After the last helicopter left around 8 PM, a head count showed 3 marines were left behind on the island. In 1999, Department of Defense investigators found evidence to indicate one of the Marines was killed a few days later while trying to steal food from the Khmer Rouge. The other two were captured within a few days, executed, and buried on Kaoh Tang island.
The final U.S. tally for the assault:
* Crash of helicopter carrying Combat Security Police Squadron in Thailand -- due to mechanical failure
The 6 volunteers from the USNS Greenville Victory were awarded the Merchant Marine Distinguished Service Medal and the Navy Distinguished Civilian Service Medal.
In accepting his medal, Hermino Rivera stated, "I'm glad to have been able to do something for my country, and I wouldn't hesitate to volunteer in the future."
The reason for the unexpected release of the Mayaguez crew has never been fully understood; among the many theories are successful intervention by China or Israel.
The SS Mayaguez was scrapped in 1979.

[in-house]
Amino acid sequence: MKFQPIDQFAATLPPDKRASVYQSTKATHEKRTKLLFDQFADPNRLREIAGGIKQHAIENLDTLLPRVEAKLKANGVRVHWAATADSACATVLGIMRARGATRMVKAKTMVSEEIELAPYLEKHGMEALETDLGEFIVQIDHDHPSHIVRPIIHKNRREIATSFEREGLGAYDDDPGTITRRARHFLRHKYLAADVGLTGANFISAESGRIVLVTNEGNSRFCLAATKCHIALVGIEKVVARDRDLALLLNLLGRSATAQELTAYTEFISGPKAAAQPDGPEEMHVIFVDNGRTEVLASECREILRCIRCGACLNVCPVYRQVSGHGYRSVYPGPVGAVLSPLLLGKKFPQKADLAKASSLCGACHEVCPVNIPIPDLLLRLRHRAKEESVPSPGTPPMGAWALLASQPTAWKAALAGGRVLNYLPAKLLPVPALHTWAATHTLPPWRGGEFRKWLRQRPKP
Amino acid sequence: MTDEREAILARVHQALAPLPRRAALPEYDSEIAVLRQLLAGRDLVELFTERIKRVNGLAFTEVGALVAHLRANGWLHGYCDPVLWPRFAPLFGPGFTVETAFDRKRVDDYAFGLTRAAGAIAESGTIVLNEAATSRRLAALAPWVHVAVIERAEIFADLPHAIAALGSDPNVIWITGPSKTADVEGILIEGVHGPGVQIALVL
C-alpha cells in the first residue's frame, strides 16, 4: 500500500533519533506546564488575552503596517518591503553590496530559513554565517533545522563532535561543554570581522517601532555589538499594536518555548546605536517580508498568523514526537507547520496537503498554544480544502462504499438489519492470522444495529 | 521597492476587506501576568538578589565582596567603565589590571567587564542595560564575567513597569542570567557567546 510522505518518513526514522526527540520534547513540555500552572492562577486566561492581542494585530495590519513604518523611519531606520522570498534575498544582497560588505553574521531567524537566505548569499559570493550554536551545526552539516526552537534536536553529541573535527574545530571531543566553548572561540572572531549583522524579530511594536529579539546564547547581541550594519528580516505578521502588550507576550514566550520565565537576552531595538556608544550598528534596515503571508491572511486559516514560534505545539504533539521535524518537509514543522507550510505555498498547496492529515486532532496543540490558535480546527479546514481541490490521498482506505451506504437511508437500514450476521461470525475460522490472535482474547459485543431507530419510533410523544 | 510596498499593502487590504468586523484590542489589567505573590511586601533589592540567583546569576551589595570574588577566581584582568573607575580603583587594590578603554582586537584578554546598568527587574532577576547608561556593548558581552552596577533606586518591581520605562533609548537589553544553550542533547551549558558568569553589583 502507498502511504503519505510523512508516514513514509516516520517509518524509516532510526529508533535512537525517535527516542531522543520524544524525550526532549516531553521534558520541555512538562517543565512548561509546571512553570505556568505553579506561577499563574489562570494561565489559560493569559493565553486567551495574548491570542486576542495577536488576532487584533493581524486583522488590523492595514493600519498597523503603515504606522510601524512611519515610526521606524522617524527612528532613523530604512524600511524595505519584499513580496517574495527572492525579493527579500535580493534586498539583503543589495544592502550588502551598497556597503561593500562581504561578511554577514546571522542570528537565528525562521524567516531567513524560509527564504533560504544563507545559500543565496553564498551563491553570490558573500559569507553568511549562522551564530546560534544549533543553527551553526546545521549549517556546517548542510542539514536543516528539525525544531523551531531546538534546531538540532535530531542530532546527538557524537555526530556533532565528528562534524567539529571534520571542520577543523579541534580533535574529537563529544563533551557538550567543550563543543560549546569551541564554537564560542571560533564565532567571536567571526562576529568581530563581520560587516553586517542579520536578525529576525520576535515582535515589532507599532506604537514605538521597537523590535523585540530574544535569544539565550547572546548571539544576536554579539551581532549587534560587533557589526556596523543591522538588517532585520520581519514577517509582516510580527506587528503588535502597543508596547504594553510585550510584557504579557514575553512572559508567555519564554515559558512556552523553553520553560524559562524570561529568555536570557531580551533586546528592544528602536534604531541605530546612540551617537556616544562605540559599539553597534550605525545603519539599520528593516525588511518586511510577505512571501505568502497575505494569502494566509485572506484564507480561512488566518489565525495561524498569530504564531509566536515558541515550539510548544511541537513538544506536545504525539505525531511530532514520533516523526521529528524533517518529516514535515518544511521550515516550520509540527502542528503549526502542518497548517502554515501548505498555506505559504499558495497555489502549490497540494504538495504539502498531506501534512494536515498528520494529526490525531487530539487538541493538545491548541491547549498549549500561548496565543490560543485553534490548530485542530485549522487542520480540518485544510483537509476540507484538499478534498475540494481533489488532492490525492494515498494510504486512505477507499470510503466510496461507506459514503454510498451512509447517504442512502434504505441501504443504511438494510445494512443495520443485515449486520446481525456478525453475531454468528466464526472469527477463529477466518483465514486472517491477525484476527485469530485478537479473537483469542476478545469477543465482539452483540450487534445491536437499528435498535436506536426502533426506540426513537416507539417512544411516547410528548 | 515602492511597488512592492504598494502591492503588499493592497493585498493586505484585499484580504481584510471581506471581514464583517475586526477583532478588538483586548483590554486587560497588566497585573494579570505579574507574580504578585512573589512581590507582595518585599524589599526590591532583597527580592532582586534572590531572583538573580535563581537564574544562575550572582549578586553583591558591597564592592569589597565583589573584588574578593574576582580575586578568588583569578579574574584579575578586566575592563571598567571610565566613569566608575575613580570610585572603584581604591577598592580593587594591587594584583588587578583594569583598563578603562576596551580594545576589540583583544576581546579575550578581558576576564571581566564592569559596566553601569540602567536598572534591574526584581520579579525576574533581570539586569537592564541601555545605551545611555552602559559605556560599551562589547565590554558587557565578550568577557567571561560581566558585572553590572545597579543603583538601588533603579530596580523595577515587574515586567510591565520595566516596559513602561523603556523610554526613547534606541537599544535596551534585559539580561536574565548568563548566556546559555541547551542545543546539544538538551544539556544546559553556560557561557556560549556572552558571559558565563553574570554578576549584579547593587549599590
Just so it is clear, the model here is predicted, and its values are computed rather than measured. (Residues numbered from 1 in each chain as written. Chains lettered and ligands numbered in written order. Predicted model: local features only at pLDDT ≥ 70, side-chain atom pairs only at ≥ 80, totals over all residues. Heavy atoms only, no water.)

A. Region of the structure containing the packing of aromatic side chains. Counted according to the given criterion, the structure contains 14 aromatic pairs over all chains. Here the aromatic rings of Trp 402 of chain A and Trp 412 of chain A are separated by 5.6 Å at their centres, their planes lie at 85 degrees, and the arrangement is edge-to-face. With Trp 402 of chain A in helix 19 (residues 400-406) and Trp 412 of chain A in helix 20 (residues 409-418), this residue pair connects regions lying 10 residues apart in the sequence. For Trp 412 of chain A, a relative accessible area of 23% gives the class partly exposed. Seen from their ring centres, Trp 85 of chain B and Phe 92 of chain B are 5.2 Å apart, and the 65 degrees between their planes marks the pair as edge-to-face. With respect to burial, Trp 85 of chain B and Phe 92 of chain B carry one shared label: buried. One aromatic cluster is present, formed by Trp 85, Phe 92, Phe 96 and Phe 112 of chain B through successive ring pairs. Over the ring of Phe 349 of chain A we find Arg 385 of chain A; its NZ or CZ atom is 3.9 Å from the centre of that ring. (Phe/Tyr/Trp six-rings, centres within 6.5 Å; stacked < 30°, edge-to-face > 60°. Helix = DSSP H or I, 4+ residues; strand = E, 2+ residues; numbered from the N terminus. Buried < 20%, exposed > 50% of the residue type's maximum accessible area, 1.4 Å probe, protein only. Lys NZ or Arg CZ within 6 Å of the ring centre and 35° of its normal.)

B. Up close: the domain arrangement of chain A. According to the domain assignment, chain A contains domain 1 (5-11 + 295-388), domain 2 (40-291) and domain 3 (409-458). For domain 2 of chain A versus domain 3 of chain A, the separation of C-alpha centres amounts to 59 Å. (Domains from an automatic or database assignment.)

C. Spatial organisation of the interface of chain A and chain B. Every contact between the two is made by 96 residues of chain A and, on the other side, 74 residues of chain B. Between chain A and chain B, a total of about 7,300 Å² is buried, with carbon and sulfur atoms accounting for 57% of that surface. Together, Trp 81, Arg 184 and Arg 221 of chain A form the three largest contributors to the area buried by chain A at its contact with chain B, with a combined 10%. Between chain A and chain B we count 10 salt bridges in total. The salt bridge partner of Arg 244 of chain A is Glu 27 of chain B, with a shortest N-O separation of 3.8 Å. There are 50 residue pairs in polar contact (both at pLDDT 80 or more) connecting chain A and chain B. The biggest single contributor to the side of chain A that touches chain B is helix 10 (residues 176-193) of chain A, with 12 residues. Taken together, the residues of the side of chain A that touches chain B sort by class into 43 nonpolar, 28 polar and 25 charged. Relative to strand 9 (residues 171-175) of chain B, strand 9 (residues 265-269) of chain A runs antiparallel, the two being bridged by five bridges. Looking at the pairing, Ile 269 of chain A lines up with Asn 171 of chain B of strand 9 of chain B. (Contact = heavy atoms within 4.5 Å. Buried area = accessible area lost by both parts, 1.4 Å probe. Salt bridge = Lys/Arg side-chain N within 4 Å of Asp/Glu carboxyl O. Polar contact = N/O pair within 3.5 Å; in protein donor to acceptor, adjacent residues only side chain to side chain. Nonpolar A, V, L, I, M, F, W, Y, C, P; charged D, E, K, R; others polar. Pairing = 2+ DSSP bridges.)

"Six Brave Men," Howard L. Rosenberg, Sealift, July 1975, U.S. Navy Military Sealift Command Magazine
"Medal Winners," Sealift, September 1975, U.S. Navy Military Sealift Command Magazine
"Khmer Rouge reveals fate of forgotten Marines," Gregg Jones (Dallas Morning News), reprinted in San Francisco Chronicle, May 16, 1999
Americans at War: 1975 -1986, Daniel P. Bolger, Novato, California: Presidio Press, 1988
From America to United States: The History of the long-range Merchant shipbuilding Programme of the Unites States Maritime Commission (1937-1952) Part 2, L.A. Sawyer and W.H.Mitchell London: World Ship Society, 1981
Maps adapted from Perry-Castañeda Library Map Collection, University of Texas at Austin
SS Mayaguez article in Seafarers Magazine members of mariners union were aboard SS Mayaguez. Lists names of crew.